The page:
The Darkest Hour is the first in a series of books about the “German occupation of England.”  Throughout the thrilling storyline is a moralistic thread.  Readers should not question, “what if this did happen,’ but ‘could it happen today,’ considering the rising anti-Semitism.  This book is a page-turner with engaging characters, plot twists, and a very intelligent storyline that is thought provoking.

Book Review - Military Thriller "Empire Rising" by Rick Campbell

The following book review is a special for BlackFive readers provided by Elise Cooper.  You can read all of our book reviews by clicking on the Books category link in the right sidebar.

9781250040466_p0_v1_s260x420Empire Rising by Rick Campbell is a riveting military thriller.  He uses his personal experience as a retired Navy Commander to write an authentic story regarding submarine warfare. This novel is written in such a way that those who want a gripping story will enjoy it as well as those who want to know about the latest weapon systems.  There is a great balance between a good plot, well-developed characters, and a discussion of different weapons.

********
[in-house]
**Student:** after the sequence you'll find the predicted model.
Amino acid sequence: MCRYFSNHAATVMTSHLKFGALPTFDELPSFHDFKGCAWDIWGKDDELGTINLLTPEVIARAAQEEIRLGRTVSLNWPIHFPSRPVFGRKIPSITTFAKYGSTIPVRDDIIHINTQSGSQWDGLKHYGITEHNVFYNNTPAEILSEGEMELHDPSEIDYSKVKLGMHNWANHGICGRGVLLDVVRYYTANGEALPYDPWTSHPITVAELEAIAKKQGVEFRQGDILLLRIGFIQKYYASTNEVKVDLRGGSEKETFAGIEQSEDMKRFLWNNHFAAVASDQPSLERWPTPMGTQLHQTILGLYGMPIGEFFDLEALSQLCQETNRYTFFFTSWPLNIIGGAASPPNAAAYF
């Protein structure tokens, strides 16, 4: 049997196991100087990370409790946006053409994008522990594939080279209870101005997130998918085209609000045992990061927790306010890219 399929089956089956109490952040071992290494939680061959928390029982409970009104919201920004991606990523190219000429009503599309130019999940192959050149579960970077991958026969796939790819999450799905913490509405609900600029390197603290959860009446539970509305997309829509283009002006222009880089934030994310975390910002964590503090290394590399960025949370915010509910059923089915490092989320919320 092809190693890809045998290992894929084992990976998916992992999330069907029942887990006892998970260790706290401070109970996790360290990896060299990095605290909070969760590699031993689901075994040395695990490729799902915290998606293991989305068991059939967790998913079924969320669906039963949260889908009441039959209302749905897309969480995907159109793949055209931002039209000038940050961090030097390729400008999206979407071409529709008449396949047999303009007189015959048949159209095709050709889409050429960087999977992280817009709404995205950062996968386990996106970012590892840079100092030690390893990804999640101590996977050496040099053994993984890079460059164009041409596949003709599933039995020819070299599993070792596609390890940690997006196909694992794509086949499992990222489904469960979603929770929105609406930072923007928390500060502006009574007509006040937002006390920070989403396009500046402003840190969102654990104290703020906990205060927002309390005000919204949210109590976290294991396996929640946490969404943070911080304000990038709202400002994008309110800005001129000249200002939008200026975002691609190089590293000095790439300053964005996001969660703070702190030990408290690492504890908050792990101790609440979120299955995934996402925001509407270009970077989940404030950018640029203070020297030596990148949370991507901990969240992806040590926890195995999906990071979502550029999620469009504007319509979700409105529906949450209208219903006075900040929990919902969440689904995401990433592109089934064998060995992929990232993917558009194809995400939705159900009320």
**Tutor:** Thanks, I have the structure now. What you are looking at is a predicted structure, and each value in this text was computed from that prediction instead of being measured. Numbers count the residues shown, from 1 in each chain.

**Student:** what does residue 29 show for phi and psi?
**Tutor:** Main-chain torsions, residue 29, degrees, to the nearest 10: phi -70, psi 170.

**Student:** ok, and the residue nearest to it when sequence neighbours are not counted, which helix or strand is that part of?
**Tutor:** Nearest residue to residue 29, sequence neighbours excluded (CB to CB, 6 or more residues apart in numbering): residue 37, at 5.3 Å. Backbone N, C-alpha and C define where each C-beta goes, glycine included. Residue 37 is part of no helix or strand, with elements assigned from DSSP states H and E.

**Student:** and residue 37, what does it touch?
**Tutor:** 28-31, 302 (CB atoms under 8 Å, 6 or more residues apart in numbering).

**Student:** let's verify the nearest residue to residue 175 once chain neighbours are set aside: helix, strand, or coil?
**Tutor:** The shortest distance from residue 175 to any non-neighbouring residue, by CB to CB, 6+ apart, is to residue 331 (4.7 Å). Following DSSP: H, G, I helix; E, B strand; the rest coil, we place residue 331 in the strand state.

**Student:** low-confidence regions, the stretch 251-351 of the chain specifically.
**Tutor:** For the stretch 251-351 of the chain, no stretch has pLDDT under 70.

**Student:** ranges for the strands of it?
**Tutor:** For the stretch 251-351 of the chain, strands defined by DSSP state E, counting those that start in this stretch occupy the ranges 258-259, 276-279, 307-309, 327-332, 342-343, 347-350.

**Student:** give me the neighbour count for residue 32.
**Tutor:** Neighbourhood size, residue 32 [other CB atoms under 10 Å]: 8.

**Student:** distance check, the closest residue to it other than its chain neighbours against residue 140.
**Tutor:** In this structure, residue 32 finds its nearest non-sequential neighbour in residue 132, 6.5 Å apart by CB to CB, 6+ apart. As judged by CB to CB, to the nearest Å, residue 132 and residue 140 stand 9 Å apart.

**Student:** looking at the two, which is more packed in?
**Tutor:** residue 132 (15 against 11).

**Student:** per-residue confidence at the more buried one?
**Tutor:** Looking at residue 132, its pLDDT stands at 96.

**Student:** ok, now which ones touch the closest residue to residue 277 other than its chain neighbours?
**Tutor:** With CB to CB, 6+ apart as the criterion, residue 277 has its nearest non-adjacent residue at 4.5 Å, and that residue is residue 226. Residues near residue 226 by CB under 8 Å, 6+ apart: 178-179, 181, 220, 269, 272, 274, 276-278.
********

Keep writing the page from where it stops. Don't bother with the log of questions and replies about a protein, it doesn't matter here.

Campbell explained to, “I made a conscious decision to balance the level of detail with the most crucial aspect of a thriller, the pace.  Many times having to stop and explain a weapons system comes at the expense of the pacing.  All the weapons are realistic, but I did give China some long-range missile capabilities.  Because some of the material is classified some of the scenes in the book are tweaked regarding the weapon capabilities.  However, I did try to keep everything in the realm of possibility.”

This second book in the series brings back the main character of national security advisor Christine O’Connor.  She advises the US President not to sign the Mutual Access to Environmental Resources accord.  Realizing that the US and the Pacific Rim nations will have the availability to dwindling oil reserves, she fears China will be cut off from present and future production, derailing its economic growth and prosperity.  Christine’s fears become a reality when an all-out naval war with China begins after they invade both Taiwan and Japan.